A fast-paced, participant-led exploration of protest art from activists in North America over the last fifty years. Informed by history, participants will develop a message and create mini-protest signs, banners, or hashtags. Social sciences, geography, history.


Create colourful, abstract t-shirts or tote bags with stencils. In this introduction to contemporary art and printmaking, we’ll ground our creative works in a contemporary theme such as identity, relationships, or money. Appropriate for all grades! Arts, health, social science.

Conversation Starters

Participants will screenprint a tote or t-shirt with a powerful, personalized message. Get creative, speak your mind, and express yourself! This workshop is a popular add-on to the Protest Art or Contemporary Art Workshop or can be its own, standalone experience. Health, social science, art.

Screen Printing Party

A guaranteed winner with any group, screenprinting parties allow everyone to shine and make their own tshirts or tote bags. Participants run their own screenprinting studio, building teamwork and a deeper understanding of their groups dynamics.Ask me about custom screens to support curriculum outcomes.

Peace Screens

Print colourful bunting with screenprinted and hand embellished messages about creating a more peaceful world, inside and out.

Screenprinting Masterclass: Photo Emulsion

Enrichment for artists, maker spaces, and focus programs. Learn the tools and techniques of a professional screenprinter. Classrooms can collaborate on a custom screen, or create individual screens. Great for logos, surface design, and artist portfolios.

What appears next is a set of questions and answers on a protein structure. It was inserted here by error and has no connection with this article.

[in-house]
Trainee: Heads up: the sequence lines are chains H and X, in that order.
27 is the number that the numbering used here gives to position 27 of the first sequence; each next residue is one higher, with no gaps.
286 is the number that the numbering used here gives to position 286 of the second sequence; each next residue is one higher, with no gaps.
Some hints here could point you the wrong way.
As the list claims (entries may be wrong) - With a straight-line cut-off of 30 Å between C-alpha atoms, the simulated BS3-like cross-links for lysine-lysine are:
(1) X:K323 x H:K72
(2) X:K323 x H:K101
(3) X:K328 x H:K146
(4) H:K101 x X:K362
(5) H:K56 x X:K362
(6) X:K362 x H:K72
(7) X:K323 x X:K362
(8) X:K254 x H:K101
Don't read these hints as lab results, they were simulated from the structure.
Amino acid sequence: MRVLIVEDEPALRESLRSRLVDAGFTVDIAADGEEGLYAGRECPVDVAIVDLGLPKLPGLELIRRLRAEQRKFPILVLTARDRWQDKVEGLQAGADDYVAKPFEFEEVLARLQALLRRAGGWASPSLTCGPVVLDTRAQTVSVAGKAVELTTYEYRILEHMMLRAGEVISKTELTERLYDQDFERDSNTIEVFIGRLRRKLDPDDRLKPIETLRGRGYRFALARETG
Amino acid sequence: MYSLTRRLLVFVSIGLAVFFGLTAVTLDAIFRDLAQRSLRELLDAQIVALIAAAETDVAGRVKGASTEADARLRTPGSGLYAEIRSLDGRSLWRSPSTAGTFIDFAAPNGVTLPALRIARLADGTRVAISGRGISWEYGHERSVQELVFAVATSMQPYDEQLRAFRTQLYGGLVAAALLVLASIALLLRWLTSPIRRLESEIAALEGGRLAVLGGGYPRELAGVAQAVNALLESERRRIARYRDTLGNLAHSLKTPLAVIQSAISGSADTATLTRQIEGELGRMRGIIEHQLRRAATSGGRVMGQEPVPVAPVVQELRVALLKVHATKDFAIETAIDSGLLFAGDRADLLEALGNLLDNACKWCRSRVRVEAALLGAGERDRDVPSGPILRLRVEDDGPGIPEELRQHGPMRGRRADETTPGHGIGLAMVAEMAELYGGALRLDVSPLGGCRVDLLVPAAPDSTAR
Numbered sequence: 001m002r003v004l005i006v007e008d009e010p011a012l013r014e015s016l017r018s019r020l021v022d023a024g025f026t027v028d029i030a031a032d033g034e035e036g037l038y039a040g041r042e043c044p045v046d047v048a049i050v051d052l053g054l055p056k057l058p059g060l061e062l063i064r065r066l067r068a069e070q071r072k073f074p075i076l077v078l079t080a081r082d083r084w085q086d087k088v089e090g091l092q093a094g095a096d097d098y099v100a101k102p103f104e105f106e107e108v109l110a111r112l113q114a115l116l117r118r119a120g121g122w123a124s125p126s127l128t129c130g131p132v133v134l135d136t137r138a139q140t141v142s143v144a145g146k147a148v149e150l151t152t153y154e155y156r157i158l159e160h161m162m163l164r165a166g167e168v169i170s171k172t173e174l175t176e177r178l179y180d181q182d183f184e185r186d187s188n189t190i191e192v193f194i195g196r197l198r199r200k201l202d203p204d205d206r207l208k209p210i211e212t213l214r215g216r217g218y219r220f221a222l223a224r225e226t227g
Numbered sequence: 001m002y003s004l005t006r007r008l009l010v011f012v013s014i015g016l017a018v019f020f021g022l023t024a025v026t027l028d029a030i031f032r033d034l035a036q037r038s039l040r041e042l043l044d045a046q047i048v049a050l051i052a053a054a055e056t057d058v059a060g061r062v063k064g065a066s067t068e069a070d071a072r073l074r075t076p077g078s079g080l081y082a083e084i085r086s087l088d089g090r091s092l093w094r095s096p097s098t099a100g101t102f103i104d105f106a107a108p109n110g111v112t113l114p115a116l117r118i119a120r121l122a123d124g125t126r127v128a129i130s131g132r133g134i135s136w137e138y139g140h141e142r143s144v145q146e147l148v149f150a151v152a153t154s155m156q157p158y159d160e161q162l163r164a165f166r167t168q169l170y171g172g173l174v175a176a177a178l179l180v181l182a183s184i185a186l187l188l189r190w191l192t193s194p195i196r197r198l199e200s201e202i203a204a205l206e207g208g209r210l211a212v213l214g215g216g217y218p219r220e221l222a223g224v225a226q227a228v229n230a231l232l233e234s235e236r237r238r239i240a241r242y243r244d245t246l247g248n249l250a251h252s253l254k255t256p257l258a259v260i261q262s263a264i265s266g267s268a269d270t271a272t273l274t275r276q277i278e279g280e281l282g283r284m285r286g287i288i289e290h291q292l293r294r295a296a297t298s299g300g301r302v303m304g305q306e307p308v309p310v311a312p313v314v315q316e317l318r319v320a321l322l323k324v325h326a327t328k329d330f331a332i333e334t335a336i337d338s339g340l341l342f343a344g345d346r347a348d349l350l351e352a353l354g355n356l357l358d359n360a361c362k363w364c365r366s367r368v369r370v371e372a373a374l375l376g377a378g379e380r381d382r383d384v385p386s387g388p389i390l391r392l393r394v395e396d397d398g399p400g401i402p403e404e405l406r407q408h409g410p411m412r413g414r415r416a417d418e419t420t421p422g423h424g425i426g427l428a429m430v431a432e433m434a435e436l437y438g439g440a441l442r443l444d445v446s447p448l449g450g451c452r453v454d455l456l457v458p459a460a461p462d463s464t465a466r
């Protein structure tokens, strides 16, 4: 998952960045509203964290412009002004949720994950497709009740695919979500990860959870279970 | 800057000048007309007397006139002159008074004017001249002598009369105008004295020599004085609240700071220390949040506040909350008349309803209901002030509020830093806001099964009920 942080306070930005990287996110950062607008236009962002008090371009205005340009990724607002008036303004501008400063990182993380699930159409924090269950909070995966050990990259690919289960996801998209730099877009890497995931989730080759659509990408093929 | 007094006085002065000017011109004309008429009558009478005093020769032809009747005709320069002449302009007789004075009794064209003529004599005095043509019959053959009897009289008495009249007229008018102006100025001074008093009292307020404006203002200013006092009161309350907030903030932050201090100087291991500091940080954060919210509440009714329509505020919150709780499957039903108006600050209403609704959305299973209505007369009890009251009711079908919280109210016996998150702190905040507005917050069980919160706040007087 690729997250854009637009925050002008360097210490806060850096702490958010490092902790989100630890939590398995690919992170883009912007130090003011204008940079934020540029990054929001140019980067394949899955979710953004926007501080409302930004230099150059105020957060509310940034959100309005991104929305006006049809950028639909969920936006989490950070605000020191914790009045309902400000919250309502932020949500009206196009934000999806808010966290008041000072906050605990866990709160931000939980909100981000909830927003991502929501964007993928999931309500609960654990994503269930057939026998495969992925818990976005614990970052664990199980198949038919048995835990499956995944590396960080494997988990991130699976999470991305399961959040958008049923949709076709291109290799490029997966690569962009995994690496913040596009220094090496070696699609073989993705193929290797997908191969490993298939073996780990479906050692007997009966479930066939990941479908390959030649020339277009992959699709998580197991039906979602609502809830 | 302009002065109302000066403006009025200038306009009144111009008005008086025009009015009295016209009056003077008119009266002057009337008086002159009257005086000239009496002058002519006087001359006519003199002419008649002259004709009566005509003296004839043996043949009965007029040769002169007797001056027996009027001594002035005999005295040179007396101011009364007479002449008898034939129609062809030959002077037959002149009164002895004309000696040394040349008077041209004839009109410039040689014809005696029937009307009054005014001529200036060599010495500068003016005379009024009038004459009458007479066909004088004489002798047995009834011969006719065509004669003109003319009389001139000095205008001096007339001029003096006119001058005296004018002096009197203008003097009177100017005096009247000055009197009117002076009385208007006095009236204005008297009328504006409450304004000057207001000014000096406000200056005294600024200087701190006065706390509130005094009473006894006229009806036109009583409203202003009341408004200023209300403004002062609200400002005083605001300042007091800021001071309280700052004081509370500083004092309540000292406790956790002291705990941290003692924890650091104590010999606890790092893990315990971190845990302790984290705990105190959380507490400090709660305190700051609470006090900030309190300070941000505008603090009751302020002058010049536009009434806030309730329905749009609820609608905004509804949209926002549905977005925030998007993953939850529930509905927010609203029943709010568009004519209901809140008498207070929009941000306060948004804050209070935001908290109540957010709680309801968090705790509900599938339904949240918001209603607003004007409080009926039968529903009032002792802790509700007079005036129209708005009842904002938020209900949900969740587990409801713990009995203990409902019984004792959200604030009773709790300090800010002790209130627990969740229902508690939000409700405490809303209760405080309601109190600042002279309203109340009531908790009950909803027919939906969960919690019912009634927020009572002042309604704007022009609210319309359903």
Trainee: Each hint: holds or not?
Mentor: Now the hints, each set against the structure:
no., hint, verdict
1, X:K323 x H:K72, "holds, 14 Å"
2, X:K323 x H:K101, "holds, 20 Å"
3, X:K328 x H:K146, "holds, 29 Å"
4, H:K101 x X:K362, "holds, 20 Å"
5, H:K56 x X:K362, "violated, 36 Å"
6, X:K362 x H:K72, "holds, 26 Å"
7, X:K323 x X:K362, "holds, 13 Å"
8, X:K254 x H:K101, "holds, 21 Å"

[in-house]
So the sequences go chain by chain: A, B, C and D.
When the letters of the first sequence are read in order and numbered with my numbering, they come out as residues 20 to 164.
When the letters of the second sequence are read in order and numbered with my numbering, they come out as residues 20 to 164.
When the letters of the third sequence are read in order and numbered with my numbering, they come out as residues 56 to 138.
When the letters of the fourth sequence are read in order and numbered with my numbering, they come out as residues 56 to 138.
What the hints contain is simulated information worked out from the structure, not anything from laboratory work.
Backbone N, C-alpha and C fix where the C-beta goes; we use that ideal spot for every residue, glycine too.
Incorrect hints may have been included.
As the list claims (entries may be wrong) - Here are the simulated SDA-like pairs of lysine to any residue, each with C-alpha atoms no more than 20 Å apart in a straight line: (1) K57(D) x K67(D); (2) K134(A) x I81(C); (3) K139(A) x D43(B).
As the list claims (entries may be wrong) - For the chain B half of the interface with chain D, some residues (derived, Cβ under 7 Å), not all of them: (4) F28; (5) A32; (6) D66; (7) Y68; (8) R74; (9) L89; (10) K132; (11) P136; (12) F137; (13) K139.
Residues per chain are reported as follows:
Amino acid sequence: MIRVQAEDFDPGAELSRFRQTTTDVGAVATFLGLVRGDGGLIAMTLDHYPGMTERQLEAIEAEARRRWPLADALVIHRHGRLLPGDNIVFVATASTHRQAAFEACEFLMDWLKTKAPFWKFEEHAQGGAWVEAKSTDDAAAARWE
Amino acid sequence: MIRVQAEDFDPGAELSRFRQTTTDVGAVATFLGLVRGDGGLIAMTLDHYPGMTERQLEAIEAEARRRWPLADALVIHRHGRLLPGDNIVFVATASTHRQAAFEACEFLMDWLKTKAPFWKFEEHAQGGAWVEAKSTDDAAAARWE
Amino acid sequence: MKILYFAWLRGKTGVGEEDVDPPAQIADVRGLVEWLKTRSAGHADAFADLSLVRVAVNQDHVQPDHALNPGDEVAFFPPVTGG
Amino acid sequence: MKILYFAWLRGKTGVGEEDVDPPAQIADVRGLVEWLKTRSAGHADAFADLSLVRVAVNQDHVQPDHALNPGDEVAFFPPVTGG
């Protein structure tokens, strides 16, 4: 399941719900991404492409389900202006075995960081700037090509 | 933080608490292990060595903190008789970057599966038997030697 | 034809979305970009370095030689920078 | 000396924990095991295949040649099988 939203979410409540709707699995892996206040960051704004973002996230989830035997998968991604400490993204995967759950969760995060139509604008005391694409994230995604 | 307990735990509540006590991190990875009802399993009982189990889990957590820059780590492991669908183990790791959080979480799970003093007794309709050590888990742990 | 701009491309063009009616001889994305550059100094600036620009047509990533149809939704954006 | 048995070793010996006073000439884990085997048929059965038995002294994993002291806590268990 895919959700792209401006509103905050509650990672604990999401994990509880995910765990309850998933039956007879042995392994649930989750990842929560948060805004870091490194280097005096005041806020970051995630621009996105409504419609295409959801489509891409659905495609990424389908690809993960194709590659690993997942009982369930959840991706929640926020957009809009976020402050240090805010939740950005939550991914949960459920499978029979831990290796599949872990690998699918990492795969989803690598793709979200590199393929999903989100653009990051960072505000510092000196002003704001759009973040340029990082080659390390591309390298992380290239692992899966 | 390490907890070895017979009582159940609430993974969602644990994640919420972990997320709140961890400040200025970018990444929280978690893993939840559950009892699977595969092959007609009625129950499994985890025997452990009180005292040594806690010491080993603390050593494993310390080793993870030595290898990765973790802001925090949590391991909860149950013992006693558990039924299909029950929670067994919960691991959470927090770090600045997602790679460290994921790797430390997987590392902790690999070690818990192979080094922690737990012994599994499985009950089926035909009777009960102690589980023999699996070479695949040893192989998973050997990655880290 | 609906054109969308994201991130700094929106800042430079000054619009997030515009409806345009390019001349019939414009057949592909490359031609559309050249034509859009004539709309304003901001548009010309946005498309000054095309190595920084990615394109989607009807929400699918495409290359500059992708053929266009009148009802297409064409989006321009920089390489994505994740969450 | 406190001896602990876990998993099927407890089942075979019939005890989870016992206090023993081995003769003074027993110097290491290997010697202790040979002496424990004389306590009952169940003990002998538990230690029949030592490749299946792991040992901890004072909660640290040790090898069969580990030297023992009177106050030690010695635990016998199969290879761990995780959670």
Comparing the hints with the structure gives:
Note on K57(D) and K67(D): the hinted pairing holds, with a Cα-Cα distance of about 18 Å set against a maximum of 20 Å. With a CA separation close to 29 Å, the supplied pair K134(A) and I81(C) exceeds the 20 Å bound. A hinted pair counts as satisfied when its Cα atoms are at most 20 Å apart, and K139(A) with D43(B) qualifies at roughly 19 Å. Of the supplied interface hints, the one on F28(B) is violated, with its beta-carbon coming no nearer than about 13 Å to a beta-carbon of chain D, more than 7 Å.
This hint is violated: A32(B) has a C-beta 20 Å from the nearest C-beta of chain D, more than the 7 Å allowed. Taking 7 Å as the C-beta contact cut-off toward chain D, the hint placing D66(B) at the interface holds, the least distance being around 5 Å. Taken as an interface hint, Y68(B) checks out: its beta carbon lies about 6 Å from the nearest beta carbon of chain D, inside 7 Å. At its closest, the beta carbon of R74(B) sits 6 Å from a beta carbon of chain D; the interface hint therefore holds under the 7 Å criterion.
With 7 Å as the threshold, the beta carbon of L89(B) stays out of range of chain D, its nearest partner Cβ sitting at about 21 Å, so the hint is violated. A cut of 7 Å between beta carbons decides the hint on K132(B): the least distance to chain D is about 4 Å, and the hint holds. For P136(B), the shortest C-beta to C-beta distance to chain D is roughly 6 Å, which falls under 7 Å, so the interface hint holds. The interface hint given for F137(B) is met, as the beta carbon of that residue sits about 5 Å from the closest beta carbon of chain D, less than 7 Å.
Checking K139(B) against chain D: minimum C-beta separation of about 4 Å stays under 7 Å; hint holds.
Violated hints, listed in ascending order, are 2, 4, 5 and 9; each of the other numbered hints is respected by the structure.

I’m exhilarated & so moved by the extent of student outcomes, participation, creativity, skills development and team building, compassion, self-awareness and self-regulation. Every educator in the LDSB should undertake participating in a Pillow Talk issue-based arts ed. project. Pillow Talk concretely provides a learning path and journey that has the potential to develop student tools and understanding of what true equity and inclusion in the school community looks like, sounds like, feels like.

Meri Marja-terttu MacLeod
Human Rights, Equity & Inclusive Education Advisor
Limestone District School Board

We are currently investigating in Geography our use of natural resources and the impact of this use. I believe that our exploration of ambiguity with your guidance- controversial but relatable themes – is allowing students to be open and more honest with our discussions. We are hearing more complex ideas e.g. consumers like how easy it is to access products, often economically, as well as better listening of other students’ ideas.We expect similar advantages when we focus on Sustainability at the end of term 2.
Rudy Candela, Calvin Park Challenge Program, gr 7&8

Pillow Talk, Student Reflections:
“It made me feel more connected to everyone in my class. If one person didn’t know how to do something, you could just go over and ask for help. The teachers weren’t in charge. It was like they taught us the skills and then we ran the show. That was an awesome feeling!”

“Having a pillow at school this year made me feel safe. I’m not a very good reader, so when we have to do quiet reading I always lay on my pillow and it helped me feel more relaxed so I could focus on my book.”

“My pillow have an owl on it asking “Are you feeling bored?” I never feel bored after bringing my pillow home because now I go through a list of what I can do. The other side of the pillow says “Do you need a challenge?” and I love challenges! I think maybe I stopped pestering my parents about having nothing to do after bringing it home because I know being bored is my problem not theirs.”

“Over the March Break I was feeling bummed because my neighbour moved away and I was sitting over on the couch crying into my pillow. When I looked up, it said “Are you feeling concerned?” and I thought … “NO I’M GOING TO MISS MY FRIEND!” The Pillow Project helped us all become better at knowing why we are feeling certain ways and it taught us new words to use instead of just mad, sad, happy.”

“My pillow was a reminder that I can use strategies to self-regulate. The question, “Are you feeling gloomy?” reminds me that so many things can bring me back to “green”. It says “Do you need some freedom?” on my pillow but sometimes I just need to take a body break, be alone, read a book, or talk to my parents. The pillow reminds me that I have choices when I’m down.”